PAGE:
CREDITS: Purse photography by Jenna Bascom and Ken Music Photography. Photos of Grace Kelly via LIFE magazine. All handbags shown here are from the collection of Tassenmuseum Hendrikje/Museum of Bags and Purses, Amsterdam.

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Handbag Week! Day 1

I promised on the Tiddleywink fan page that I’d devote this week’s posts to the study of handbags, and I haven’t forgotten. My emphasis, because of my personal taste, will be on the 1940s and ’50s, but I will show a selection that spans over a century of style. However, again due to my personal tastes, they may all bear a resemblance to bags which could have been made in the ’40s and ’50s!

The week will progress in chronological order; with today’s examples being manufactured between 1810 and 1902. Clicking on any image will bring up a somewhat larger view for detail study.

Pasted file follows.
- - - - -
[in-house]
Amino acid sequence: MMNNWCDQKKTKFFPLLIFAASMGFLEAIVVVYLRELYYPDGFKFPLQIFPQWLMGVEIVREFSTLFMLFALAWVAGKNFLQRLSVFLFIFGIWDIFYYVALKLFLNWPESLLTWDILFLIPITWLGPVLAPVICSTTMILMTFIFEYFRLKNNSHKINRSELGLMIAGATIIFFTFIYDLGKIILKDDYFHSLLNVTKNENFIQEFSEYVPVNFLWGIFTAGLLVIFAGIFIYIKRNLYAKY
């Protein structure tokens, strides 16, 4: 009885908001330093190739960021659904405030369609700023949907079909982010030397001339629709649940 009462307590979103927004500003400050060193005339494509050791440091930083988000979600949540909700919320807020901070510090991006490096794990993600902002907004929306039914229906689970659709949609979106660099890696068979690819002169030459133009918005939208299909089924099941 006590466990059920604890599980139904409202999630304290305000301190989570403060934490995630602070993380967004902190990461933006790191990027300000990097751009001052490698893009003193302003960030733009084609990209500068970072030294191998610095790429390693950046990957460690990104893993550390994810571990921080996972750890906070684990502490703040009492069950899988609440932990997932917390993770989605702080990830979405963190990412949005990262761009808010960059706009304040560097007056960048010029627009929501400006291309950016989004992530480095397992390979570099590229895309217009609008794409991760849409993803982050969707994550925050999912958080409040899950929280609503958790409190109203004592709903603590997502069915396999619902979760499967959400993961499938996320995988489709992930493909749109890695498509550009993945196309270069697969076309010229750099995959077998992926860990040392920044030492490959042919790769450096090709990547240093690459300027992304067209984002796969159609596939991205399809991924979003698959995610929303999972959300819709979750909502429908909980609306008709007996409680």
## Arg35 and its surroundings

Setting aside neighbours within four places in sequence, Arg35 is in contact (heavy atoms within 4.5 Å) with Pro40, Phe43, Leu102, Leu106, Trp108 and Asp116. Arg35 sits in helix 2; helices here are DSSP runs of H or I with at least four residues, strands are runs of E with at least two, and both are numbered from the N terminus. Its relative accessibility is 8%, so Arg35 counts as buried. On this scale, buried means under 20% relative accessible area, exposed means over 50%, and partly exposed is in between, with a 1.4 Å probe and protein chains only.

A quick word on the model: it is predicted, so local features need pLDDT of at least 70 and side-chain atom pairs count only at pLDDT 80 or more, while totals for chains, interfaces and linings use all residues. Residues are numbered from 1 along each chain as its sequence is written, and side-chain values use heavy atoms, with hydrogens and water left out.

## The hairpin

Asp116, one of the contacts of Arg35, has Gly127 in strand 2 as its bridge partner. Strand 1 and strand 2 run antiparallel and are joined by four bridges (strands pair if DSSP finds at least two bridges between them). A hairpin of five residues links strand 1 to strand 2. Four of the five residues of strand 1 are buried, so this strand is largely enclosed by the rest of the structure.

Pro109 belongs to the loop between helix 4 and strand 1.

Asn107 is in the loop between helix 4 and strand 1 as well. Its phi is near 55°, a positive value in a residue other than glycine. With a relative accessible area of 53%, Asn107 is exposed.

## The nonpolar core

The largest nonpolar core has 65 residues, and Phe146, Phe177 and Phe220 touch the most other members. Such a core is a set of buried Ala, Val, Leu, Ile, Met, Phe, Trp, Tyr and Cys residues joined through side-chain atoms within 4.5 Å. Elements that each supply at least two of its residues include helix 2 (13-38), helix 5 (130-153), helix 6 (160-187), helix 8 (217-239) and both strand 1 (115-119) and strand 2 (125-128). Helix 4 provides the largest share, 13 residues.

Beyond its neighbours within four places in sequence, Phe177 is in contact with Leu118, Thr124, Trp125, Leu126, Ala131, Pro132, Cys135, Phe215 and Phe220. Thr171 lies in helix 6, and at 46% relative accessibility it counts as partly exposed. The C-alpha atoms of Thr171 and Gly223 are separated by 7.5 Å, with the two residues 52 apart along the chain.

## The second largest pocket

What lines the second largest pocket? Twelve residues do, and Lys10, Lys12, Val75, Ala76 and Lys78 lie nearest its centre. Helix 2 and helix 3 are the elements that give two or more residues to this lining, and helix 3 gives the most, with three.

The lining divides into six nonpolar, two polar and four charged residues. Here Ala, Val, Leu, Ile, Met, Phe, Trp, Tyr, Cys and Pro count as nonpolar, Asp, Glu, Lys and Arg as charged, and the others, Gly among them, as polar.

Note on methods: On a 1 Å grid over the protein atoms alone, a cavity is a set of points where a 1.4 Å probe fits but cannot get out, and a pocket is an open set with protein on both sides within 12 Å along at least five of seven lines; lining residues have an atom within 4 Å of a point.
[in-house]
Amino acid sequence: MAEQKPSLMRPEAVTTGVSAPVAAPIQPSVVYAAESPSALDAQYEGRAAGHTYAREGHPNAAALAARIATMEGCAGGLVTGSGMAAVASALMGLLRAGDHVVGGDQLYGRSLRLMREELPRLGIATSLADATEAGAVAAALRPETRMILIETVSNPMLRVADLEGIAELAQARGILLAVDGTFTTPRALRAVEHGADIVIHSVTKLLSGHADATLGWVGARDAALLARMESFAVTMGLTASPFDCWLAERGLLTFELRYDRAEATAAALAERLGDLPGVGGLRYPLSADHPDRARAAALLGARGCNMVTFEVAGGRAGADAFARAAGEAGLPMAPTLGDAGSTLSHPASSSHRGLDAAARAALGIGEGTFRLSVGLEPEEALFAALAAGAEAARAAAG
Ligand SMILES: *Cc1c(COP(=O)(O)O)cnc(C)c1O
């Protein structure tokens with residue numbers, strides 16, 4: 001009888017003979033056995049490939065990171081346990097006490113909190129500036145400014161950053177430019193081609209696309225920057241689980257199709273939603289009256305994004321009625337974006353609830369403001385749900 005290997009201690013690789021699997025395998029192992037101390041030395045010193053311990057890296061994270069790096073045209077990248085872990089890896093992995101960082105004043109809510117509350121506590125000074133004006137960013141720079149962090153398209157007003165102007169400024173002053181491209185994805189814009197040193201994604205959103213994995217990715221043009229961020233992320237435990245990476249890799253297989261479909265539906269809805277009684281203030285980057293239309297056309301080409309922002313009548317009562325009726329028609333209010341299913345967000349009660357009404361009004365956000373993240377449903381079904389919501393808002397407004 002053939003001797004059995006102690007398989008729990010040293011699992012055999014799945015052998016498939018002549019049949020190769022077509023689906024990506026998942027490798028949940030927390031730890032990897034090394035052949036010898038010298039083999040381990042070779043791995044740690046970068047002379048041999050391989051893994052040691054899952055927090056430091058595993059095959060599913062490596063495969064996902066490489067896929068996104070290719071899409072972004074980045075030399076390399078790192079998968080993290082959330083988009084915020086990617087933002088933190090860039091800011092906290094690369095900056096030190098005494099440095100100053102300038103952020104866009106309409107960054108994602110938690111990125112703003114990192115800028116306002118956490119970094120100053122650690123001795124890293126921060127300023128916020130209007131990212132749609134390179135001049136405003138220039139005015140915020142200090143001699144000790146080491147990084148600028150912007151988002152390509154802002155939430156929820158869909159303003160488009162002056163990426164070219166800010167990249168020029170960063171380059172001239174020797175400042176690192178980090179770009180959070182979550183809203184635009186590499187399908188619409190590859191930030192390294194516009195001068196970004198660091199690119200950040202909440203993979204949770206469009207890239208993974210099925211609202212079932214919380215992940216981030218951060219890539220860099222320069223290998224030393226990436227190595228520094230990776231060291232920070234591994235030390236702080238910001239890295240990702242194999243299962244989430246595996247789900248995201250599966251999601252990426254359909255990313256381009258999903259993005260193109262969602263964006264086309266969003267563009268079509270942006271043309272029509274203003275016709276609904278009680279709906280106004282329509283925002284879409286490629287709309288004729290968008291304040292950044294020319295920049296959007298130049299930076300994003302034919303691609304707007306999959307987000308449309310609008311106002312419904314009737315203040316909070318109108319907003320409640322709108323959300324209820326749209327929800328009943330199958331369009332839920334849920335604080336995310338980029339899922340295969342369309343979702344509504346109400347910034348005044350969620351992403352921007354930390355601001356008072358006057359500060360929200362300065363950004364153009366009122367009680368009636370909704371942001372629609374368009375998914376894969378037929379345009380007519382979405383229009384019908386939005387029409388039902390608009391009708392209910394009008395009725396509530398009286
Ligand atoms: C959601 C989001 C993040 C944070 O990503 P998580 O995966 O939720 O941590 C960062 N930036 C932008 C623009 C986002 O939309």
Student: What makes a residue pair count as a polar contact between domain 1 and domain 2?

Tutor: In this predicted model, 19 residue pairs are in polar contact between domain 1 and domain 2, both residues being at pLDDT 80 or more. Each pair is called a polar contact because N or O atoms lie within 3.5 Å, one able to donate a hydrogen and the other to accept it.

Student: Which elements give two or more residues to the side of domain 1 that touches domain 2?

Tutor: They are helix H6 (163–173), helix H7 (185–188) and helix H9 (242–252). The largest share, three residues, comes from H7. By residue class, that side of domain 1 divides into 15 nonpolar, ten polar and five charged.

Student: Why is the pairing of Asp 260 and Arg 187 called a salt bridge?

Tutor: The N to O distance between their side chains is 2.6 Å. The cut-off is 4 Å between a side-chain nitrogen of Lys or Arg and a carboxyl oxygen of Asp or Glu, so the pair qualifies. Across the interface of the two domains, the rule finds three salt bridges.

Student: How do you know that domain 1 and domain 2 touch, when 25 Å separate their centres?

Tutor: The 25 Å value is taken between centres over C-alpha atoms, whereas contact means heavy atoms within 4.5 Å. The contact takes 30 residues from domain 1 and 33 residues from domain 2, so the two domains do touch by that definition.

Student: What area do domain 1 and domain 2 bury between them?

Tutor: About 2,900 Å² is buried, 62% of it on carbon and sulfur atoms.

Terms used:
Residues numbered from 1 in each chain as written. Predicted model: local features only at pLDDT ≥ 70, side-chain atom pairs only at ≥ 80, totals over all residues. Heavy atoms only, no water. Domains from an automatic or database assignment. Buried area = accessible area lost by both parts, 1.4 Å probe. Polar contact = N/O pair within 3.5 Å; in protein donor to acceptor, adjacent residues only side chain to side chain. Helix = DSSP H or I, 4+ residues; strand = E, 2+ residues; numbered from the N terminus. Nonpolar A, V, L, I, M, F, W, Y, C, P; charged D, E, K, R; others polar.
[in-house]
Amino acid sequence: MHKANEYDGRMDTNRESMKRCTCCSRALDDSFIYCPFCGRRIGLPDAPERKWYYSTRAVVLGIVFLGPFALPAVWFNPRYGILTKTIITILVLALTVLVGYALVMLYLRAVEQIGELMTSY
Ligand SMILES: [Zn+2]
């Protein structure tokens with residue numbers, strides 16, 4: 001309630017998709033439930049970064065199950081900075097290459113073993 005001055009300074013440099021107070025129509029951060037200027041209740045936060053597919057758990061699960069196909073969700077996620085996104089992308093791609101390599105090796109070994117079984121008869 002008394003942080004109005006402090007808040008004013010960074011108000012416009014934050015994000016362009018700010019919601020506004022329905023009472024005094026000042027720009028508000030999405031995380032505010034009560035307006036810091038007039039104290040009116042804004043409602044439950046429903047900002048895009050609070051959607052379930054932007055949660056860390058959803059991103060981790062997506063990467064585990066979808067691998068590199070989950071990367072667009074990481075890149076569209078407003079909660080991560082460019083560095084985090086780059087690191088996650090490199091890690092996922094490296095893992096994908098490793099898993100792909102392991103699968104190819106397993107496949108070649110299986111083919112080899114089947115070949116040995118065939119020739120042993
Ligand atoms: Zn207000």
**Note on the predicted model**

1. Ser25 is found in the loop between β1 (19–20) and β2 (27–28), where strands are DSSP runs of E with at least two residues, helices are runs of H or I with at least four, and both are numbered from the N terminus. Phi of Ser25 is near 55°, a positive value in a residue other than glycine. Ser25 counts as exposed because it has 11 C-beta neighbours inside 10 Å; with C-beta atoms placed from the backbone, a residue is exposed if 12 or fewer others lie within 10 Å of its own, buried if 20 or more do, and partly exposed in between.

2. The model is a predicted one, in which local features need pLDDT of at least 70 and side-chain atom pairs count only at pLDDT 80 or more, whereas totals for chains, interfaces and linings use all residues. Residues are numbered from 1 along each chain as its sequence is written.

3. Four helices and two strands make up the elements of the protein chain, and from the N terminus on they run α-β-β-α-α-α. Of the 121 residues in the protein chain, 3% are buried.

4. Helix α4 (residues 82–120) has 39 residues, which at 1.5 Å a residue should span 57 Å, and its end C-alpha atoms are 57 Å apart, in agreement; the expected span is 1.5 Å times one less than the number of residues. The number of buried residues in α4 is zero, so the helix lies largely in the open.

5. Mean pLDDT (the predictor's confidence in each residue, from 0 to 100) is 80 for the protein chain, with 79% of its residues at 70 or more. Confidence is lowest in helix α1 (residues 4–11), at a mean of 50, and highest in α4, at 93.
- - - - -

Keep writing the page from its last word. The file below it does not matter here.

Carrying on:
Aren’t they all lovely? I’m particularly fond of the Clan Stewart tartan bag. Do you have a favorite shown here, or from this time period?

CREDITS: Photography by Jenna Bascom and Ken Music Photography. All handbags shown here are from the collection of Tassenmuseum Hendrikje/Museum of Bags and Purses, Amsterdam.